"(Apple's) growth doesn't look that exciting when we can buy into a company that is growing 15 to 25 percent," he said. Aylesworth noted he has positions in companies such as SanDisk and Netflix, both of whose revenue has grow by 10 percent or more in their most recent quarters.
Apple is the largest holding in the $622 million Buffalo Growth Fund, where co-portfolio manager Chris Carter said the company's smartphone business should provide sustainable profit increases.
But Carter said Apple's slowed growth in recent years is a factor "potentially scaring off some growth managers," while its dividend may not be enough to attract value managers.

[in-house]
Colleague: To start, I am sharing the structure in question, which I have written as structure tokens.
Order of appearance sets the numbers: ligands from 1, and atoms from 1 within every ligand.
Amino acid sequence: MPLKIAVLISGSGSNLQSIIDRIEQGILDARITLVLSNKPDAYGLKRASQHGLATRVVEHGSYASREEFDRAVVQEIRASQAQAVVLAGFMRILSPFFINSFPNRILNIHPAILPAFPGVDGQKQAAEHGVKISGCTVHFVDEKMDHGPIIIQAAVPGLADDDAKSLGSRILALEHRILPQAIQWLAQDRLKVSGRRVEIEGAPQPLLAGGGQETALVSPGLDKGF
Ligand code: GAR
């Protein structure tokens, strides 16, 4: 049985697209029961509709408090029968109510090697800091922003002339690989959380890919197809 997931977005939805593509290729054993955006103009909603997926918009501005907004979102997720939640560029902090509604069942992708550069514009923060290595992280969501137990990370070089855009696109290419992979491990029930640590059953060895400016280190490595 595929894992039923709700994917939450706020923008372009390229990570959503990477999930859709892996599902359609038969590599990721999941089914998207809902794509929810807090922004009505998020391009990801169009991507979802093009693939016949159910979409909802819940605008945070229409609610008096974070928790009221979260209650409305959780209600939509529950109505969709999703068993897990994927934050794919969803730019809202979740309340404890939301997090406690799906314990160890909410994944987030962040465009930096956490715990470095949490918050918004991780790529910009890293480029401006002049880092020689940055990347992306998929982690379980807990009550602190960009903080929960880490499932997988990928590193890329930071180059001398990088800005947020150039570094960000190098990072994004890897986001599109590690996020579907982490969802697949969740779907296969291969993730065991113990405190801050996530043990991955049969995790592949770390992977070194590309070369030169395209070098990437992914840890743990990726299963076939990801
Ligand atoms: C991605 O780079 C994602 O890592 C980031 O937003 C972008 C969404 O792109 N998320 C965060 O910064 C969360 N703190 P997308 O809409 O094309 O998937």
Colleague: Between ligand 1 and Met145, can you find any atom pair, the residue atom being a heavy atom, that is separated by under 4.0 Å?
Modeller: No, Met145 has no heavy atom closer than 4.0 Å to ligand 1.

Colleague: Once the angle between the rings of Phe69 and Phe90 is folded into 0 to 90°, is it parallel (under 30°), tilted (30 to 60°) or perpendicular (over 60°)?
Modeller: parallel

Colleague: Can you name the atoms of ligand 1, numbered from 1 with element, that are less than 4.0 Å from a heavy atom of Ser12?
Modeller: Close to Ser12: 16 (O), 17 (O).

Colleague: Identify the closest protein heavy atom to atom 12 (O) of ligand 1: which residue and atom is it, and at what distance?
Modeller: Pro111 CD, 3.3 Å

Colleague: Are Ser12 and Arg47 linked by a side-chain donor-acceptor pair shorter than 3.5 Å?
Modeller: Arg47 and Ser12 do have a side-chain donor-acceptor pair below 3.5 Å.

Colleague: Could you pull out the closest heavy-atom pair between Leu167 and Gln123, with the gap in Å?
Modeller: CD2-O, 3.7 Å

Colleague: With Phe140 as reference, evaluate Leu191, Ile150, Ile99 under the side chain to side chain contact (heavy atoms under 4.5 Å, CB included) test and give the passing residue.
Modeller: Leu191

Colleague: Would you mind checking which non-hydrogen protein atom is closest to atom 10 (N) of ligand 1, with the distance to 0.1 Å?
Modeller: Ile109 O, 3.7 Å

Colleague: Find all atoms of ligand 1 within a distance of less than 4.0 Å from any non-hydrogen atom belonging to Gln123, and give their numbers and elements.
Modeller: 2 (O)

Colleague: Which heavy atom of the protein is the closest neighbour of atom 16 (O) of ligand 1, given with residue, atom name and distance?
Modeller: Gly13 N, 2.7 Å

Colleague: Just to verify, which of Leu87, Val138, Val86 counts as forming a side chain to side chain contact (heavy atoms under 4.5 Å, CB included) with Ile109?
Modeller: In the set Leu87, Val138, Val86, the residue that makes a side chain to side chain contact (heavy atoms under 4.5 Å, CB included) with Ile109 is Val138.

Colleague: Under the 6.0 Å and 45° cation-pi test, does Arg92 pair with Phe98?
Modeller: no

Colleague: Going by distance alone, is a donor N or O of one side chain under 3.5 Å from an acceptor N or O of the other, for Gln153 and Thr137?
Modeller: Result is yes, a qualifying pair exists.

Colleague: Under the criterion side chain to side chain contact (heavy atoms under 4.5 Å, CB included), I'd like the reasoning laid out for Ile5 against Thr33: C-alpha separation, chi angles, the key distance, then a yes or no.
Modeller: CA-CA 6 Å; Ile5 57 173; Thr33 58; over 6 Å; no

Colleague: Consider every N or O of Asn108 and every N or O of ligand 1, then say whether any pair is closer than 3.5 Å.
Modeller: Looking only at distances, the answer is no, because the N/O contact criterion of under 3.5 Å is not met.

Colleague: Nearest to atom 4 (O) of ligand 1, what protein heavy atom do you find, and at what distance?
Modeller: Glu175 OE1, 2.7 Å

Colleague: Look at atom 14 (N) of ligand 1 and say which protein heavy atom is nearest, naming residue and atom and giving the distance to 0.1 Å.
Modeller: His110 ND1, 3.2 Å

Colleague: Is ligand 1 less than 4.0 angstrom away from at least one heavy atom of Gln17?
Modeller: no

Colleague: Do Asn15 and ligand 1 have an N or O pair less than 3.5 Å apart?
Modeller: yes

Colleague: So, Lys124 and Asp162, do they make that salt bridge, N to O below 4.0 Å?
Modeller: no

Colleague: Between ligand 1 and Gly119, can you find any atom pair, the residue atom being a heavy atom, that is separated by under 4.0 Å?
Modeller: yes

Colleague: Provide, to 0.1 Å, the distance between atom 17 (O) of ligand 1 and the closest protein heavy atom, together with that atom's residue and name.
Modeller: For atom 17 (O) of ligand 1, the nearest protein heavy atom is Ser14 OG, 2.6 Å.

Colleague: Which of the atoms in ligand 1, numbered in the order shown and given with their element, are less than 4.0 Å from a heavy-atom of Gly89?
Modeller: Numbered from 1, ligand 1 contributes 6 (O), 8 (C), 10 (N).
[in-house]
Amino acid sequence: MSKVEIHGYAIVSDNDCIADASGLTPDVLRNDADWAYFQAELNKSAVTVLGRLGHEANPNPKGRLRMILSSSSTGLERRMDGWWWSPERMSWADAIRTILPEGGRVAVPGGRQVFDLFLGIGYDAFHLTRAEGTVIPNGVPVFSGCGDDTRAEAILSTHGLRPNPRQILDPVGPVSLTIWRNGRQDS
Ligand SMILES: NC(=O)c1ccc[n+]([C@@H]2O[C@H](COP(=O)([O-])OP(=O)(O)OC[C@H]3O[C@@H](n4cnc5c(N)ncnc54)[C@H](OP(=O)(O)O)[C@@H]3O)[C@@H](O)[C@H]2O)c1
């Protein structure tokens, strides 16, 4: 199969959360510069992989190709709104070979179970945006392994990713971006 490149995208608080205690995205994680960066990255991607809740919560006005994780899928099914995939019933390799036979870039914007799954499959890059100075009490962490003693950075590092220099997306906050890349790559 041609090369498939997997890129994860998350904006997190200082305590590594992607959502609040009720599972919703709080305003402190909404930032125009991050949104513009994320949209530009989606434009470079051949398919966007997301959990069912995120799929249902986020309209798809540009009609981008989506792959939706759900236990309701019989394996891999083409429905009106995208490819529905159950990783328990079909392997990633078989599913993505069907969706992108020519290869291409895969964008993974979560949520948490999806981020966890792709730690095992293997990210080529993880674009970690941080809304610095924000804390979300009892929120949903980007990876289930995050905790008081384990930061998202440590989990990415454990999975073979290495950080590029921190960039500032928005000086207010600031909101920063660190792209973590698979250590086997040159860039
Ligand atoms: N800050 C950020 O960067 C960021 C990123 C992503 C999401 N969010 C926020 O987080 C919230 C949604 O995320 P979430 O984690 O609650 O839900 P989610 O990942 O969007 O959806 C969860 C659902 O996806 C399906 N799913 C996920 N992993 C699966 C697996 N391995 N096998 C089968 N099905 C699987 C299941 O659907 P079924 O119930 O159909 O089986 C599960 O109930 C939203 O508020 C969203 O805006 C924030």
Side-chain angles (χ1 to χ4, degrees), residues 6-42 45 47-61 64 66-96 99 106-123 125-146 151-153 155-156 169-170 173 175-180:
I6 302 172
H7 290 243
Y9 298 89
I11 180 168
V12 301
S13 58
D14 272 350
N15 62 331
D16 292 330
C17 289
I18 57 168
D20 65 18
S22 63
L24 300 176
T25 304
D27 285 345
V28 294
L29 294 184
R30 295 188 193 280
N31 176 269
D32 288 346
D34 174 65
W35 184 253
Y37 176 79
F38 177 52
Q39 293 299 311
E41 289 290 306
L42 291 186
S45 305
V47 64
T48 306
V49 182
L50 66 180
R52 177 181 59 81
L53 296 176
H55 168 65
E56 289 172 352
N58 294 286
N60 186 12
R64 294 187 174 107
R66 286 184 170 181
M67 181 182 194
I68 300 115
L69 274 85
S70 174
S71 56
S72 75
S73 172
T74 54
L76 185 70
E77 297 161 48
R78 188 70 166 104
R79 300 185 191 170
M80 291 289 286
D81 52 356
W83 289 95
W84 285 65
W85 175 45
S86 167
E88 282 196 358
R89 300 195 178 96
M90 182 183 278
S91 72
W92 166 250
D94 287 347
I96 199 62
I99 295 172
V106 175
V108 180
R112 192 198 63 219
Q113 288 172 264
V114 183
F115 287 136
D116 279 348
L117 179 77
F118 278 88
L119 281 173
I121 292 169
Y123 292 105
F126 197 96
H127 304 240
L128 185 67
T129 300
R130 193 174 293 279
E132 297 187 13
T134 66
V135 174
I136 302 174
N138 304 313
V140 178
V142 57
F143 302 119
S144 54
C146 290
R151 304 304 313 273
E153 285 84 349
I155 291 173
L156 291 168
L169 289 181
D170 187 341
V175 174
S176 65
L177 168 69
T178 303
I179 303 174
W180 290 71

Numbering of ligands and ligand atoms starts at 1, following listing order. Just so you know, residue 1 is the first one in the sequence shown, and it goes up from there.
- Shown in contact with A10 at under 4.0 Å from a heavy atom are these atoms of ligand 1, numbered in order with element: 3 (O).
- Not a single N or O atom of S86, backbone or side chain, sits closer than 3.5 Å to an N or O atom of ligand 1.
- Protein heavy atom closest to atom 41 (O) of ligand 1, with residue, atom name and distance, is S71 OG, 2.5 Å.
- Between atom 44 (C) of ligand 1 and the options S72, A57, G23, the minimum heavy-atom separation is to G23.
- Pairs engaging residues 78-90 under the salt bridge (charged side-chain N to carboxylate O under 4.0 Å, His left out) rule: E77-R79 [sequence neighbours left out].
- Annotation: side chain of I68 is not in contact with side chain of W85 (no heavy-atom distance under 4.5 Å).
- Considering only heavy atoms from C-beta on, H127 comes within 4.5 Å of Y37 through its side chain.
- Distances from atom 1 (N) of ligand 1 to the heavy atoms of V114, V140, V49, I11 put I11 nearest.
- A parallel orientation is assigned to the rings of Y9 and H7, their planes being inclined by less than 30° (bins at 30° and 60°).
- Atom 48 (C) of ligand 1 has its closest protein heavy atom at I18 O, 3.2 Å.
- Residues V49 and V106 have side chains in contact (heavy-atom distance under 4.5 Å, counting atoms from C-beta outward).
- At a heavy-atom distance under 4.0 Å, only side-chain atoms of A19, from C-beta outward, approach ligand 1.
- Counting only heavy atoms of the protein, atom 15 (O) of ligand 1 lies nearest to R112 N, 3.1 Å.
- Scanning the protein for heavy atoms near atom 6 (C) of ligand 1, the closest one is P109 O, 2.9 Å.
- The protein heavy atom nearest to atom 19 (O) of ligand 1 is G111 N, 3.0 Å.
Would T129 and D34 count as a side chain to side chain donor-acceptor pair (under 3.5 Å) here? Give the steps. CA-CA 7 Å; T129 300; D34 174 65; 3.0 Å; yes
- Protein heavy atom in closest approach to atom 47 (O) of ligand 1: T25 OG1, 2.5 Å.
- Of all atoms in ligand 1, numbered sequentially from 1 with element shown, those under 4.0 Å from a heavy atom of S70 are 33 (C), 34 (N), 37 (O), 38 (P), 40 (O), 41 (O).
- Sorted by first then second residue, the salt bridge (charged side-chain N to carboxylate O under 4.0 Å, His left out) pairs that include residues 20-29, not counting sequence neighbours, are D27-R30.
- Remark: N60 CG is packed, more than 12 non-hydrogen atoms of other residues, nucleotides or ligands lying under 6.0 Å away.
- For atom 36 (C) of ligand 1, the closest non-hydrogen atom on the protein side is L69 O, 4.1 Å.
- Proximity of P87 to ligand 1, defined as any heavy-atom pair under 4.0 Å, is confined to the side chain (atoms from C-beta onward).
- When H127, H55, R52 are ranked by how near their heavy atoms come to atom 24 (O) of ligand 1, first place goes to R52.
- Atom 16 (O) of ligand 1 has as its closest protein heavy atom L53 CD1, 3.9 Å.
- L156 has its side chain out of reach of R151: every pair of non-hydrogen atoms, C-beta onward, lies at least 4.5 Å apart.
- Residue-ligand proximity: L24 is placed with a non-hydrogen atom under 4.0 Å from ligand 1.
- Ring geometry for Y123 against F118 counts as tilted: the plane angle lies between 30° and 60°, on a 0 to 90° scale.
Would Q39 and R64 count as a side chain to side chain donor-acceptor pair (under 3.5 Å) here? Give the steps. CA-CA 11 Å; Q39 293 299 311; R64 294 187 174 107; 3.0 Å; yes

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Apple's forward price-earnings ratio, which is somewhat reflective of expectations of slowing growth, stands at below 14, compared with the nearly 82 that ultra-growth stock Netflix commands.
Some investors on Wall Street, who point to statements by Apple executives, are not as downbeat. Apple Chief Executive Tim Cook has promised new "product categories" for 2014, while Senior Vice President Eddy Cue said in May that the company's pipeline was the best he has seen in his 25 years at the company.
Many investors expect Apple to make a play for the wearable device market with a smart watch. Analysts also expect the company to introduce two versions of its smartphone this fall, including a 5.5-inch model that thrusts Apple into the market for larger-sized phones that rival Samsung helped popularize